The American Lung Association is out with a new State of the Air report today ranking air quality for metro areas across the county. Generally, Oklahoma fares well in comparison, but both Oklahoma and Tulsa received an “F” for the number of ozone days from 2008 to 2010.
Ozone alerts peak in the summer in Oklahoma. That’s when the nitrous oxide and volatile organic compound emissions from power plants and vehicles combine with heat and the sun to create ozone. High ozone levels can make it harder to breathe for people already susceptible to asthma or other lung diseases. Air quality organizations say ozone can be curtailed by not filling up vehicles and not mowing yards during ozone alert days.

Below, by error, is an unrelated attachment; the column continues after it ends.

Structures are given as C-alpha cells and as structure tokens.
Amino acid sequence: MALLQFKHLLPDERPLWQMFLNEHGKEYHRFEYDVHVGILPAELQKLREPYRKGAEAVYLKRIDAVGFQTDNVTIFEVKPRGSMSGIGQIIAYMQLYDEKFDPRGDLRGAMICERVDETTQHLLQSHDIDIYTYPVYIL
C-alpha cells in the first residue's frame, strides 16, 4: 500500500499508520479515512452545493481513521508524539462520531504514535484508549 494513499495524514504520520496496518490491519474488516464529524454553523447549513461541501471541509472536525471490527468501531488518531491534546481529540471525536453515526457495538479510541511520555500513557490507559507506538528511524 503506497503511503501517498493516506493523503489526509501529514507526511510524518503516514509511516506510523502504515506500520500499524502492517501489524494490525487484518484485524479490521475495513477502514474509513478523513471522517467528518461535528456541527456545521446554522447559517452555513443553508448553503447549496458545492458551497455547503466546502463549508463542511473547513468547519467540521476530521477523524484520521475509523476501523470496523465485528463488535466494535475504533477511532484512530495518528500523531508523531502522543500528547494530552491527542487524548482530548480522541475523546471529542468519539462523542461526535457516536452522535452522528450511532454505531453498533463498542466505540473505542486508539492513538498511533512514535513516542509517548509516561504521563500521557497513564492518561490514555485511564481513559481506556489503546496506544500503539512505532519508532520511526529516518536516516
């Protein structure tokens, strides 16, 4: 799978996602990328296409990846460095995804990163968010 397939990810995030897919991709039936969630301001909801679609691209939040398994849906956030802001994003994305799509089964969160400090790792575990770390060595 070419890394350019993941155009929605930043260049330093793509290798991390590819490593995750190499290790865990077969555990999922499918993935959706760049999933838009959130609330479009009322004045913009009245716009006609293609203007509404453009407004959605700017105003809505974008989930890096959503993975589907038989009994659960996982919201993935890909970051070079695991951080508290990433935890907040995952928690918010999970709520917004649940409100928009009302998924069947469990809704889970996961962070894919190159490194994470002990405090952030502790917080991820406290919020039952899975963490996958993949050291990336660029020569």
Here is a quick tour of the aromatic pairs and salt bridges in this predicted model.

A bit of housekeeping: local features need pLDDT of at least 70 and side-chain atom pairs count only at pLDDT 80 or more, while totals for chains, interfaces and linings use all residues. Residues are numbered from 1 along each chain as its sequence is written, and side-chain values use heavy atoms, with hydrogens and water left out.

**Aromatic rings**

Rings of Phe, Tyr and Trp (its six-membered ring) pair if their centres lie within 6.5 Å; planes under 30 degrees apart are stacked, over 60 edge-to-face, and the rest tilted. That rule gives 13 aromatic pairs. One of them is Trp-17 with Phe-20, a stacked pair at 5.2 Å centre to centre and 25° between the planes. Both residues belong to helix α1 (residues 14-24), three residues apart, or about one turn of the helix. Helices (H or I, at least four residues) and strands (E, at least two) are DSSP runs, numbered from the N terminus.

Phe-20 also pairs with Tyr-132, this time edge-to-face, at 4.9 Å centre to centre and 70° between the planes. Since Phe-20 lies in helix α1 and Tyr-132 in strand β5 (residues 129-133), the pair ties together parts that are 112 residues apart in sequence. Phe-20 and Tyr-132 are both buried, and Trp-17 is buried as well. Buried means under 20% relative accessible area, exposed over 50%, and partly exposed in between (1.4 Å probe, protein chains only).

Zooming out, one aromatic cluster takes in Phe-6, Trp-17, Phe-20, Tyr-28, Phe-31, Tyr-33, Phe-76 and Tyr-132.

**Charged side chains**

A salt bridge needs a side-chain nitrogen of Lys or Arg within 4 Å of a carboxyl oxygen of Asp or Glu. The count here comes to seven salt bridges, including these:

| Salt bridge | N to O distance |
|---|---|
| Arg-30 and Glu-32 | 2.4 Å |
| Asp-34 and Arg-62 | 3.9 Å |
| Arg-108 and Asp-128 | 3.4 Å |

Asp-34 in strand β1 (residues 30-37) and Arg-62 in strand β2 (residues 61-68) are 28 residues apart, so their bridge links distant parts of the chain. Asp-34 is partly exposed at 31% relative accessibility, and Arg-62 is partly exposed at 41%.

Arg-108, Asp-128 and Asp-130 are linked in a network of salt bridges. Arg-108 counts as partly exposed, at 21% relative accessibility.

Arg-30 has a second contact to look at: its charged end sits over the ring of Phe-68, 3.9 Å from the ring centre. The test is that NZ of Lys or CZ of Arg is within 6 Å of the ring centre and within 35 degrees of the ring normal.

The latest State of the Air report showed some improvements in Oklahoma. A previous report, ranking counties from 2005 to 2007, gave an “F” to nine Oklahoma counties. Tulsa and Oklahoma counties were on that list, too.
The American Lung Association takes a tougher stance on ozone than the Environmental Protection Agency. In the latest EPA report, Tulsa avoided federal sanctions for ozone. Tulsa had 25 ozone alert days in 2011.